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Some of you may have read about how, during the Irma evacuation, Zeus became a celebrity at the hotel where we sheltered in place. Zeus is a 210-lb. Great Dane. Even other Great Dane owners utter, “Dude, that’s a big dog.” His chest has a breadth and depth that hint that Granny Dane may have had a dalliance with a mastiff. He’s gentle (mostly), loyal, and fearless. He may not be a good bomb dog or schutzhund, but if you were heading into clash with a shield wall, or chasing off the raiders harrying your cattle, he’d be your top pick.
He is very much my dog. When I go out on the deck to read or have a cigar, he comes out with me and suns. If the heat becomes too oppressive, he scratches on the door to go back in, but always, always settles where he can keep an eye on me. Despite the size of his breadbox-sized head, he’s got an itty-bitty brain. Not as trainable as my German Shepherd Dogs, but he usually intuits what I want and is remarkably obedient.
I mentioned that all the flight crews—okay, stewardesses—at our Irma evacuation hotel thought he was awesome. And I humbly accepted the mantle of “the Great Dane guy.”
But. During the course of our stay, he started having problems. He’d stumble walking on or off a curb. One time he walked headfirst into one of those waist high pilons one sees in front of buildings these days. What the hell, Buddy? I was worried he was having a series of strokes and losing it, a little bit.
All these occurrences happened at night. During the day, he seemed good to go. Until the day that he stumbled coming off a curb in broad daylight. I stopped him, had him sit, and gave him a good chest scratch/pet. And then I saw it. His one good eye had a cataract burgeoning in it.
For the last couple of years, he’s had a cataract in his left eye, that has expanded until he is effectively blind in that eye. I never got it treated because it doesn’t affect his quality of life, and he’s going to be 10 years old soon. Not thrilled about spending three grand on a medical procedure for a dog that should’ve dropped dead three to four years ago. Great Dane lifespans are usually only four to six years, because they’re so big, their hearts give out. My Dane would make Clifford the Big Red Dog lose bladder control, and he’s pushing 10. Go figure.
Now that both eyes are shot, I’ll spend the dough for the surgery. Not happily. Last coupla/three days I’ve been coaching him up: Okay, Buddy, massive heart attack in 3…2…1, and nothing. Dagnabbit.
Last Saturday night, Zeus fell off the jetty and into the bay. He loves walking out onto the jetty and putting his nose into the wind. He stands there with that big, mailbox-sized head pointed into the air, and I know from the expression on his ghost face that he’s in another place, that I have no chance of seeing, smelling, or sensing.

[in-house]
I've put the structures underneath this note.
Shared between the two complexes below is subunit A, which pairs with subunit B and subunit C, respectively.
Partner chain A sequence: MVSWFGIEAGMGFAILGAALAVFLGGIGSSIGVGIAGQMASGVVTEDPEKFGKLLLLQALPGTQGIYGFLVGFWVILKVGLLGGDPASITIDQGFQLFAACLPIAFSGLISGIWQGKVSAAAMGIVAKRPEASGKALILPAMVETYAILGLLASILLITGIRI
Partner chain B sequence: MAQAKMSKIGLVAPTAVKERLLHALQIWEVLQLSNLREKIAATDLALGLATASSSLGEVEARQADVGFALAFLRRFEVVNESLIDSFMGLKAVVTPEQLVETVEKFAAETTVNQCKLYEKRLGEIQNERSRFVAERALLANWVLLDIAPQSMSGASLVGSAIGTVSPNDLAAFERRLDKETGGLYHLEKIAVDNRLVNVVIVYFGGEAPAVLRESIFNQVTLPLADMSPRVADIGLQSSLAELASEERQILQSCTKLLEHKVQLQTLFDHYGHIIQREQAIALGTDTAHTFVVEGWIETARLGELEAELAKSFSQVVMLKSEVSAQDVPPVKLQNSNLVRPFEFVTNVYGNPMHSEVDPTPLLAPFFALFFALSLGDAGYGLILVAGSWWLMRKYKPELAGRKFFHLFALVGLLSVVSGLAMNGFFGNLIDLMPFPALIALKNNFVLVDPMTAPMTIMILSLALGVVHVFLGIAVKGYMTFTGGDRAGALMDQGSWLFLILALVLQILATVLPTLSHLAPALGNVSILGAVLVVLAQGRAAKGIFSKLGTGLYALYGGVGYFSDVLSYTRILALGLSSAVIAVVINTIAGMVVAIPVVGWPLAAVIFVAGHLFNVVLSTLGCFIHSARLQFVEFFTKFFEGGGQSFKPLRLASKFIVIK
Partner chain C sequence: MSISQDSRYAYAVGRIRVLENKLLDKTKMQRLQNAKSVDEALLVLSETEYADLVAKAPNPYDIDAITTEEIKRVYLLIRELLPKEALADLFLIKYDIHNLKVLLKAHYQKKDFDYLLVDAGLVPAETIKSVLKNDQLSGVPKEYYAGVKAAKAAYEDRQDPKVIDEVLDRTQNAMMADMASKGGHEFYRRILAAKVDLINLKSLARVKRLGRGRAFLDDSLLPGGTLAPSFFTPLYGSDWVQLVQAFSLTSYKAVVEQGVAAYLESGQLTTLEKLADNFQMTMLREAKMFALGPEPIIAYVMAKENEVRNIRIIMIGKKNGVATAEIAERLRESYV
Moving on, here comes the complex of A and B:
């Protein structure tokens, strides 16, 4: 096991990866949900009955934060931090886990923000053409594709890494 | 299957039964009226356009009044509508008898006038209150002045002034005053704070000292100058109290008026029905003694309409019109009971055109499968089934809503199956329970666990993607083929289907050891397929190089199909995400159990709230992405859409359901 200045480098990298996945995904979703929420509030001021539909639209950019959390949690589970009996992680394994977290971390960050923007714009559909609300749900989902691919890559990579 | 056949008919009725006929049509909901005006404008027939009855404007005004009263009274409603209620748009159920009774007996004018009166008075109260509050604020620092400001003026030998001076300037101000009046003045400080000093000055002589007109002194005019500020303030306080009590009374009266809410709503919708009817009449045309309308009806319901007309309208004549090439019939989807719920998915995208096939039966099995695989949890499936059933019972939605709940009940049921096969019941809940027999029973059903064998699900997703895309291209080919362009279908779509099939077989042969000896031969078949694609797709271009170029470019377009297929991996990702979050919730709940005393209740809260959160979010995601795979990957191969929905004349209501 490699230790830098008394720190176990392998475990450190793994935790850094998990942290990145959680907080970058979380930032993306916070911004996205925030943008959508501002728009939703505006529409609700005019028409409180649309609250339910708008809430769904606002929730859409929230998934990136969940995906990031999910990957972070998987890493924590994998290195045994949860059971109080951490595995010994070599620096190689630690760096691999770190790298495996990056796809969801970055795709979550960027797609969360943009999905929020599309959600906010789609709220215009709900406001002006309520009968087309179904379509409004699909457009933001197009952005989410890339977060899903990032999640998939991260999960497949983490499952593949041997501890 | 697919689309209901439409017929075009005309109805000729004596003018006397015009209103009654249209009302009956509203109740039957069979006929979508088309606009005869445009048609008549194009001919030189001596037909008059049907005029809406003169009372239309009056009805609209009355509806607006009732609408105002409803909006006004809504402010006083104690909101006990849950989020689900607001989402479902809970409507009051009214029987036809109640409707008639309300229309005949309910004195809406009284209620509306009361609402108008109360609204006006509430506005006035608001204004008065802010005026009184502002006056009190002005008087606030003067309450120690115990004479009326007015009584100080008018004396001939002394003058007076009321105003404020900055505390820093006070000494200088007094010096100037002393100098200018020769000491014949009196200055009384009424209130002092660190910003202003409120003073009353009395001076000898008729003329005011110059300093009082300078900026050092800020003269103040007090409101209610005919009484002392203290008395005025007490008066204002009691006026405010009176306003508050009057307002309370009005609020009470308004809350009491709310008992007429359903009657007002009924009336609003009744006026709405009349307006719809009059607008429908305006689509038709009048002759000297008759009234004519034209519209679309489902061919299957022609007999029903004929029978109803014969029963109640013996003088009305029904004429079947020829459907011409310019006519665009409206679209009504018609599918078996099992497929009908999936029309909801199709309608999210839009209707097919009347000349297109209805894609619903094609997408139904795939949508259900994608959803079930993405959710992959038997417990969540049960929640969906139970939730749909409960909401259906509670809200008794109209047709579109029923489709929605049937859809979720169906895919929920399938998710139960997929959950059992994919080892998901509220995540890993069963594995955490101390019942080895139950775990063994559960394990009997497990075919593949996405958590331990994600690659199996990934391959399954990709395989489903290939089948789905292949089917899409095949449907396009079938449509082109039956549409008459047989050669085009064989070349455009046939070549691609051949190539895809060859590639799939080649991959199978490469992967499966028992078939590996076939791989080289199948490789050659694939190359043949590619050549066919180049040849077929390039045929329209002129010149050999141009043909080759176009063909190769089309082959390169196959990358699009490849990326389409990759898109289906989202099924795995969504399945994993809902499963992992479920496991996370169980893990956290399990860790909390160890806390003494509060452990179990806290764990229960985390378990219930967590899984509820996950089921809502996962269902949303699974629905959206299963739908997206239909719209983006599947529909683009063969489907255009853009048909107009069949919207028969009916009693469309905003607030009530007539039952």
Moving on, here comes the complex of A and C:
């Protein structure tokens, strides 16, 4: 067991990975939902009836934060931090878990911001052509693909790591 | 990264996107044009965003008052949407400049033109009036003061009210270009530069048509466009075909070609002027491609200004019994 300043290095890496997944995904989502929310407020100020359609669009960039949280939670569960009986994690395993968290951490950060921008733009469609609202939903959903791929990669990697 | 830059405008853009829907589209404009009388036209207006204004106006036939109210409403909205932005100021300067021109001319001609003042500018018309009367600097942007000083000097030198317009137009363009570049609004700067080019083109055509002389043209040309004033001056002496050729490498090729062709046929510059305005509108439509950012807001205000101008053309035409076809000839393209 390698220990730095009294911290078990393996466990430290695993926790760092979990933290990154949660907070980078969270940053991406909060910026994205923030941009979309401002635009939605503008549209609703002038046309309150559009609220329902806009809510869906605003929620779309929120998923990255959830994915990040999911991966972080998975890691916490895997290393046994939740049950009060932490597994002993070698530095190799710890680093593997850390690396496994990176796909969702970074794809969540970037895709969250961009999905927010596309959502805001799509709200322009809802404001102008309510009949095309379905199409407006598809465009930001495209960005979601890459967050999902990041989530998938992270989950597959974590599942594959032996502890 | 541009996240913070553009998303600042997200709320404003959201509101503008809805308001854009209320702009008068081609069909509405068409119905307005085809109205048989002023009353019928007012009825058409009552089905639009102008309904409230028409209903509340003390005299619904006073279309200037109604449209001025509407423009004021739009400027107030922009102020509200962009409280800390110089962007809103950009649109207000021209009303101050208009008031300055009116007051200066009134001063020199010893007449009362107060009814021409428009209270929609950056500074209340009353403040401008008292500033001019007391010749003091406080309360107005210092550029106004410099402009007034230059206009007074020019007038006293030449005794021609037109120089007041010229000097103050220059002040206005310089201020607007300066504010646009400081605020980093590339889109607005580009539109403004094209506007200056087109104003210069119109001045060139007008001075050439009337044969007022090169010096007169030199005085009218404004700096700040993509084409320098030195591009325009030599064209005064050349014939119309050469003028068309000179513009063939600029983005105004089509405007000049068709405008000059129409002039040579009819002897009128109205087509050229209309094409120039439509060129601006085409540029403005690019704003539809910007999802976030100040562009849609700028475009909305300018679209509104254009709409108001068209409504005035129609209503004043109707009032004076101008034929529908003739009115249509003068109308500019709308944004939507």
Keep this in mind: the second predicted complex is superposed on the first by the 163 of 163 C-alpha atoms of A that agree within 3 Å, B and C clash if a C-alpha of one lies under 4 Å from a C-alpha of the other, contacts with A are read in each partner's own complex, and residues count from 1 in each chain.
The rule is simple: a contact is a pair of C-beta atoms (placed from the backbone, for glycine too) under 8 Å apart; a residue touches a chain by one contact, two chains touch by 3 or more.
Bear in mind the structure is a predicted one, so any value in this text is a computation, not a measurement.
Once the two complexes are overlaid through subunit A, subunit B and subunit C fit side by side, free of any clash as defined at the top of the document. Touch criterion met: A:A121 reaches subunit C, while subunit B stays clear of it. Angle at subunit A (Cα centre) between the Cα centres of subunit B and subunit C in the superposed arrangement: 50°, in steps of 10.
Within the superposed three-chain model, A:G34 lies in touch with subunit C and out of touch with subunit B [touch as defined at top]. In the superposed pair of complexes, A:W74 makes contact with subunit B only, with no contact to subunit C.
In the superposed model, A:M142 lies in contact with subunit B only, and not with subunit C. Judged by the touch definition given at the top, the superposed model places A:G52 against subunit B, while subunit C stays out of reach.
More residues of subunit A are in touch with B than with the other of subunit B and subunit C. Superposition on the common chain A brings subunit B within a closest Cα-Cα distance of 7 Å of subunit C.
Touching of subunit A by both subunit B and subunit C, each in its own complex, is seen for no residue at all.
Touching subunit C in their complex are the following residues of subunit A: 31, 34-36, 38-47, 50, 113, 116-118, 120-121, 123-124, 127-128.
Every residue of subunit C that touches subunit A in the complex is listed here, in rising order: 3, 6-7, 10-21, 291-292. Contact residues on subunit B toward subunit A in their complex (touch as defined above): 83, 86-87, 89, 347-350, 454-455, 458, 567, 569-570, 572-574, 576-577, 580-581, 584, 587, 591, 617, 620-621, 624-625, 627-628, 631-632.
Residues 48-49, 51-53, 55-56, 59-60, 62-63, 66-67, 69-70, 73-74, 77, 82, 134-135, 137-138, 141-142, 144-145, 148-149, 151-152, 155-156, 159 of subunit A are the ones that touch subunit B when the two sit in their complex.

I was at a friend’s house, getting ready to grill some meat. My wife had gone home for some random reason (probably to pick up more wine). I received a frantic phone call, “Zeus fell off the jetty, get here now!” One of my daughters had taken the big fella out. Zeus was putting his nose into the wind, didn’t see the edge of the jetty, and fell in the freezing (thanks, Irma) water. My daughter immediately jumped in after him, but the shock of falling off the jetty, and his inability to trust his own senses had made him lock up. He wasn’t going nowhere for nobody. I got there, jumped in the water, and I got him calmed down. We were able to walk out. Usually, the water in the bay only goes three to four feet deep, so it wasn’t a crisis or anything. I had to speak soothingly to Zeus and maybe muscle him a little bit to get him headed in the right direction. Walking him to our boat ramp would’ve meant circumnavigating our jetty, so we walked him to the neighbor’s boat ramp and up. The daughter and I gave him a fresh water rinse (pro tip: Anything that goes into saltwater, whether animal, vegetable, or mineral, gets a fresh water rinse immediately on coming back to dry land. Trust me on this.), then she escorted him inside. I took a fresh water rinse (in my case, shower vs. hose) and returned to our dinner engagement.
Serendipitously but scarily, our dinner engagement was with one of my wife’s best friends, who is the premier veterinarian ophthalmic surgeon in south Florida (I know, right?). I had been telling her about Zeus’s newest complication when I got the call that he’d fallen off the jetty. In the manner of doctors and vets that don’t want to but must deliver bad news, she said, “You know, there aren’t many good outcomes for dogs of his age and his weight and procedures requiring general anesthesia.”
Doesn’t matter, baby. He’s a war dog. He deserves his dignity. He can’t live like this. He’ll either pull through or he won’t.
Note: I’m writing this with no internet (thanks, Irma). If Zeus undergoes surgery before we get internet back, I’ll update this post. If he has the surgery after I get internet and post this this, I’ll write a new post.